Few people who have taken a nasopharyngeal swab to test for coronavirus could describe taking this test as a pleasant experience. The procedure involves pushing a long swab into the nose to take a sample from the back of the nose and throat, which is then analyzed for SARS-CoV-2 RNA using reverse transcription-polymerase chain reaction (RT-PCR). The researchers reported in an article for ACS Nano that they have developed a prototype device that non-invasively detects COVID-19 in the exhaled air of infected patients.
The current gold standard for COVID-19 testing is not only inconvenient but also requires PCR – a laborious laboratory procedure. Due to delays, it may take several days to get the result. To reduce transmission and mortality rates, health systems need tests that are fast, inexpensive, and easy to use. Hossam Haick, Hu Liu, Yueyin Pan, and colleagues wanted to develop a nanomaterial-based sensor that could detect COVID-19 in a manner similar to a breathalyzer so that a person only had to exhale. Previous research has shown that viruses and cells infected with them release volatile organic compounds (VOCs) that can be exhaled.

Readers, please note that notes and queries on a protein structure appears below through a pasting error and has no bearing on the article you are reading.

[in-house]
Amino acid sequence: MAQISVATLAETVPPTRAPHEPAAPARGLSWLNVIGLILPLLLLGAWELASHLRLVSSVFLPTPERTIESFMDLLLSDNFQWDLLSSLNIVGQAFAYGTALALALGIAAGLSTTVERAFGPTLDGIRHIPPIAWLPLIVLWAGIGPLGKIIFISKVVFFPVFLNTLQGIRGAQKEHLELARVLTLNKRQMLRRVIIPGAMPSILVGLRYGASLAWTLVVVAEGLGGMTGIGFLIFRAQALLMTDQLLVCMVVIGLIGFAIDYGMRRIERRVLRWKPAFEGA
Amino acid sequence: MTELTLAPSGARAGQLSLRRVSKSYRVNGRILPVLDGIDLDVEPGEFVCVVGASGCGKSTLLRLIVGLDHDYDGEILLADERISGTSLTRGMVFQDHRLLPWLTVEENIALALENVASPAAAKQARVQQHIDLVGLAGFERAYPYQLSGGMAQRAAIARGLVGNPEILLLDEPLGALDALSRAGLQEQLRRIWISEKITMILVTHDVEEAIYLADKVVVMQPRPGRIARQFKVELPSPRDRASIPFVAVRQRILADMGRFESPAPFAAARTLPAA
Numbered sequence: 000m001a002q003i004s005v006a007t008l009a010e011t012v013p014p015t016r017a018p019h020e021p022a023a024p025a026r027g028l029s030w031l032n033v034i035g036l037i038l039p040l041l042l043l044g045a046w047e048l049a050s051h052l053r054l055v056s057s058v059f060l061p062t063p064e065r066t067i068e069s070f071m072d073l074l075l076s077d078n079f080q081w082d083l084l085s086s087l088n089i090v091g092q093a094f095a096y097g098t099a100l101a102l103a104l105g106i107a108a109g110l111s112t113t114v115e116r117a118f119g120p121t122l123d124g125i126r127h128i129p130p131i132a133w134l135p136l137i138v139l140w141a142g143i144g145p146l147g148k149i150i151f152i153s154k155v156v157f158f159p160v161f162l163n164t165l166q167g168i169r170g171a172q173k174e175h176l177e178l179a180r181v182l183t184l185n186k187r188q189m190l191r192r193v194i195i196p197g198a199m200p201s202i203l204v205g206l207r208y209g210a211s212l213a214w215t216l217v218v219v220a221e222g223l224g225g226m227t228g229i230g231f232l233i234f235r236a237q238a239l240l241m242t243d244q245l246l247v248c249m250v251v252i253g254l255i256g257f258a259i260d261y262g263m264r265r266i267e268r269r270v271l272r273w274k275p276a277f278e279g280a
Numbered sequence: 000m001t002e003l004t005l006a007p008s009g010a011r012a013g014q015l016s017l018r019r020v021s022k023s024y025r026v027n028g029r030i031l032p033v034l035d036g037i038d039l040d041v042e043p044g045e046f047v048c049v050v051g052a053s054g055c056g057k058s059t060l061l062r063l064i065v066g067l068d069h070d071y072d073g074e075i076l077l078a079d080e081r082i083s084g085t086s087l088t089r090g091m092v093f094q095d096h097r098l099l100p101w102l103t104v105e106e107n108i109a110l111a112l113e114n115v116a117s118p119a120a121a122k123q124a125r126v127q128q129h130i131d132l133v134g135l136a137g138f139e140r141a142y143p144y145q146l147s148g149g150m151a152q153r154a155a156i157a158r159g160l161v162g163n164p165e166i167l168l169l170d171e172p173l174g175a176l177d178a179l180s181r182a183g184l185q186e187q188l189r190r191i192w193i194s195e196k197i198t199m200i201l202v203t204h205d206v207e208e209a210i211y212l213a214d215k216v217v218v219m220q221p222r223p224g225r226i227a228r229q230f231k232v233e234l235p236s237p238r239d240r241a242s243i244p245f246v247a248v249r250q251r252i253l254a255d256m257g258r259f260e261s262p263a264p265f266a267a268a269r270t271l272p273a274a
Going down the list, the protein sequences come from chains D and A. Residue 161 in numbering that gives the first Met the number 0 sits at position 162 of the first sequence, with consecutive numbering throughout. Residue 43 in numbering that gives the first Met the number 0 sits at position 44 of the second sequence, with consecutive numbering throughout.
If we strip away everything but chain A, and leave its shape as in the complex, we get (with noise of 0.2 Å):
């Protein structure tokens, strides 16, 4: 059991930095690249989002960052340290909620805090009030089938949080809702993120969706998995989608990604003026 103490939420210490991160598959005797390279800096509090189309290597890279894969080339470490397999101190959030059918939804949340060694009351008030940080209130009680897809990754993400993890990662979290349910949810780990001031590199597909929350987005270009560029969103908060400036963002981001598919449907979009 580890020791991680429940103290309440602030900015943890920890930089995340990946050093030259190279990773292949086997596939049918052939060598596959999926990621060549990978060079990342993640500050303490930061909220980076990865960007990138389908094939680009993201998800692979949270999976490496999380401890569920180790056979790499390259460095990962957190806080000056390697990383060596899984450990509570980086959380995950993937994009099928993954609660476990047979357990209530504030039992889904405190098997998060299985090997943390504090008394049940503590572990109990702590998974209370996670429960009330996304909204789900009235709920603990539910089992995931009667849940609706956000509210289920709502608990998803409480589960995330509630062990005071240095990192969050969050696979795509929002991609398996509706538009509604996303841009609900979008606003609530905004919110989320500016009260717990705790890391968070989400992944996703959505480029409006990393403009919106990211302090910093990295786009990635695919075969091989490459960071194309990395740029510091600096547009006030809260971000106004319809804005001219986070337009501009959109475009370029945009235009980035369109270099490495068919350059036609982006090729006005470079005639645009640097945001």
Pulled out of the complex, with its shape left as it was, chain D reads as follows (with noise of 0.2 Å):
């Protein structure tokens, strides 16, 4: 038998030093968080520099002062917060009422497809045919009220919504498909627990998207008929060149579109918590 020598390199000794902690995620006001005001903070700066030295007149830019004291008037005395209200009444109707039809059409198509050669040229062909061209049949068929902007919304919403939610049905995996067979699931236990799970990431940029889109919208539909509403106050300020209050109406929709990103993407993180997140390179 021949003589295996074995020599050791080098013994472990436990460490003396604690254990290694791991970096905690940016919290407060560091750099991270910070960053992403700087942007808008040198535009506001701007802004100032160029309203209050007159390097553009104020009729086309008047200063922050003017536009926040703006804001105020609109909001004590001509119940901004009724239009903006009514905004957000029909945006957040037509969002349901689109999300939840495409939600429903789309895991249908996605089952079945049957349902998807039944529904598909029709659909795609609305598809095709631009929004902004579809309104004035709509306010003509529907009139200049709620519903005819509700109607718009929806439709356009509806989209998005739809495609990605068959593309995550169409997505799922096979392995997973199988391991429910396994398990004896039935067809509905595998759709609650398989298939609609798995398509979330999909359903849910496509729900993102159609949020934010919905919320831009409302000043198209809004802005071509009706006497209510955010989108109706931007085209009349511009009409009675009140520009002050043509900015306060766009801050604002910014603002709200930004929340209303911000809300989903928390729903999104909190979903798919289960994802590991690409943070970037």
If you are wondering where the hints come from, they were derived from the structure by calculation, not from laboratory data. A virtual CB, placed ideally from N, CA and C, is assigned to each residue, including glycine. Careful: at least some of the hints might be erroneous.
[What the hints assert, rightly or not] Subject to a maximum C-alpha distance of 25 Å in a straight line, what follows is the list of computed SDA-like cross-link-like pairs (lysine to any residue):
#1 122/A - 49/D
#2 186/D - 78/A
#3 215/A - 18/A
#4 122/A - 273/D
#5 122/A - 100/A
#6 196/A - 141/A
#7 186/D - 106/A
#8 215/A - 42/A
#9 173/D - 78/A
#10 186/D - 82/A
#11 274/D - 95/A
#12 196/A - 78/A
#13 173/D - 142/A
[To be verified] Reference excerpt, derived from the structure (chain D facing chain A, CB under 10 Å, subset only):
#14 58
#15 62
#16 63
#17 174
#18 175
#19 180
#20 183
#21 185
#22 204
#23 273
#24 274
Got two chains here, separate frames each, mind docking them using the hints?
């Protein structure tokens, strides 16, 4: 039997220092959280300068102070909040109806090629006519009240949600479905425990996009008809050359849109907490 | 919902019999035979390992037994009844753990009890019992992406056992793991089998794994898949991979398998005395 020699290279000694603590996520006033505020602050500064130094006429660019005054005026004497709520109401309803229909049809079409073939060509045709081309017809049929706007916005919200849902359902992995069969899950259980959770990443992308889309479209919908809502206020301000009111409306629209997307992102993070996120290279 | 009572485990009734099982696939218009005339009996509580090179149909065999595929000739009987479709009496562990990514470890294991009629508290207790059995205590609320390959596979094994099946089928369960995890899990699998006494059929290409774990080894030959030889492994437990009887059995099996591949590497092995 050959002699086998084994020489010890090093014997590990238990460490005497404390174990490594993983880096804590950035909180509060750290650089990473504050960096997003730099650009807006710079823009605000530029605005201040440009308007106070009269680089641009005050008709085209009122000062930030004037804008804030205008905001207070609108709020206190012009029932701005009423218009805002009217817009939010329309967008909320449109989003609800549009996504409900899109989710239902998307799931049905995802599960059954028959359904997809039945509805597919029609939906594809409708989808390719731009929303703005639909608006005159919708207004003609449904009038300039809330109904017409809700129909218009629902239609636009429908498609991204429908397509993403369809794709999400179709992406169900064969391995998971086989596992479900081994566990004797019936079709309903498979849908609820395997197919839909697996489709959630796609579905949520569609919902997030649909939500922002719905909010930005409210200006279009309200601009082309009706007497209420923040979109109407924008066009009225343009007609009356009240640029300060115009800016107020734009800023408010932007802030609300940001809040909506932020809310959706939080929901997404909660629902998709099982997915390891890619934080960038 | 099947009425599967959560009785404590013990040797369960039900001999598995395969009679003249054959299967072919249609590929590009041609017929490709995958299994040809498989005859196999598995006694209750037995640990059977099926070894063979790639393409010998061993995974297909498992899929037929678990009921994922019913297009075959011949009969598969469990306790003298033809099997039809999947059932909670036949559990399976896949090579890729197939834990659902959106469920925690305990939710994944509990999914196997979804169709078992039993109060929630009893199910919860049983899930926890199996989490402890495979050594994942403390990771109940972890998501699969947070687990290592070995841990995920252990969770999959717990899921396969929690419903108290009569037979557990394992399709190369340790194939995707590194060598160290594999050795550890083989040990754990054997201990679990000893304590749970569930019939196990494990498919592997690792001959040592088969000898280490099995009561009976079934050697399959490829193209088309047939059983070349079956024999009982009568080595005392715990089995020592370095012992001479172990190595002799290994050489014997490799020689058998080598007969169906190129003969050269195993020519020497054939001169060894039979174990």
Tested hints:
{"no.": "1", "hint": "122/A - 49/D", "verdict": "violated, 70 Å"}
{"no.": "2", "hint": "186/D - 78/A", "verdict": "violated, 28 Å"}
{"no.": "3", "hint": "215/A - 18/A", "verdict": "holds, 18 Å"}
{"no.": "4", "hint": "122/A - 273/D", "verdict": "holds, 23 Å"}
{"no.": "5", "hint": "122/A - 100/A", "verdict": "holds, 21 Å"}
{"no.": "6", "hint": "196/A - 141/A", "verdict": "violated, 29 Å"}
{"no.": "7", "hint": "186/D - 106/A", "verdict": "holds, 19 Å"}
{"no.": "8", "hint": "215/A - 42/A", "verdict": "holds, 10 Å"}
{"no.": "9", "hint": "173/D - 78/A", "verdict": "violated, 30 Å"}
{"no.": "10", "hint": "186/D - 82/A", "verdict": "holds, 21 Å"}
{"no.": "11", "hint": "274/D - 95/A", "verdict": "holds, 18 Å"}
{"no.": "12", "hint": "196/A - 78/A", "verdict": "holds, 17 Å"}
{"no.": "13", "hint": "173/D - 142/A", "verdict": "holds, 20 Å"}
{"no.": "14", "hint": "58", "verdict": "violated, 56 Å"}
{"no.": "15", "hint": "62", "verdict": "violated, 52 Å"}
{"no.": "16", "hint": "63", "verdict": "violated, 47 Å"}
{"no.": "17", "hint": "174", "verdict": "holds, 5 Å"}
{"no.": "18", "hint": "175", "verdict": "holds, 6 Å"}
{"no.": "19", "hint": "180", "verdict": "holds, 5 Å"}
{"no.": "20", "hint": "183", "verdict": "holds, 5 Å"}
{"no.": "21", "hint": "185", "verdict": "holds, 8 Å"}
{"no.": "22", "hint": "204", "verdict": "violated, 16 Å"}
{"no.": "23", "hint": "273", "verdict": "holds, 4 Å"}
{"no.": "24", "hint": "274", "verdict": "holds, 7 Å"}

The researchers created an array of gold nanoparticles bound to molecules sensitive to various VOCs. When VOCs interact with nanoparticle molecules, the electrical resistance changes. Researchers trained the sensor to detect COVID-19 using machine learning to compare the breathing patterns of 49 confirmed COVID-19 patients with 58 healthy controls and 33 non-COVID-19 lung infections in Wuhan, China.
Each study participant blew into the device for 2-3 seconds from a distance of 1-2 cm. Once machine learning identified a potential COVID-19 signature, the team tested the device’s accuracy on a subset of participants. In the test set, the device showed 76% accuracy in distinguishing COVID-19 cases from controls and 95% accuracy in distinguishing COVID-19 cases from lung infections. The sensor can also distinguish with an accuracy of 88% of sick and recovered patients with COVID-19. However, the test needs to be tested on more patients, the scientists conclude.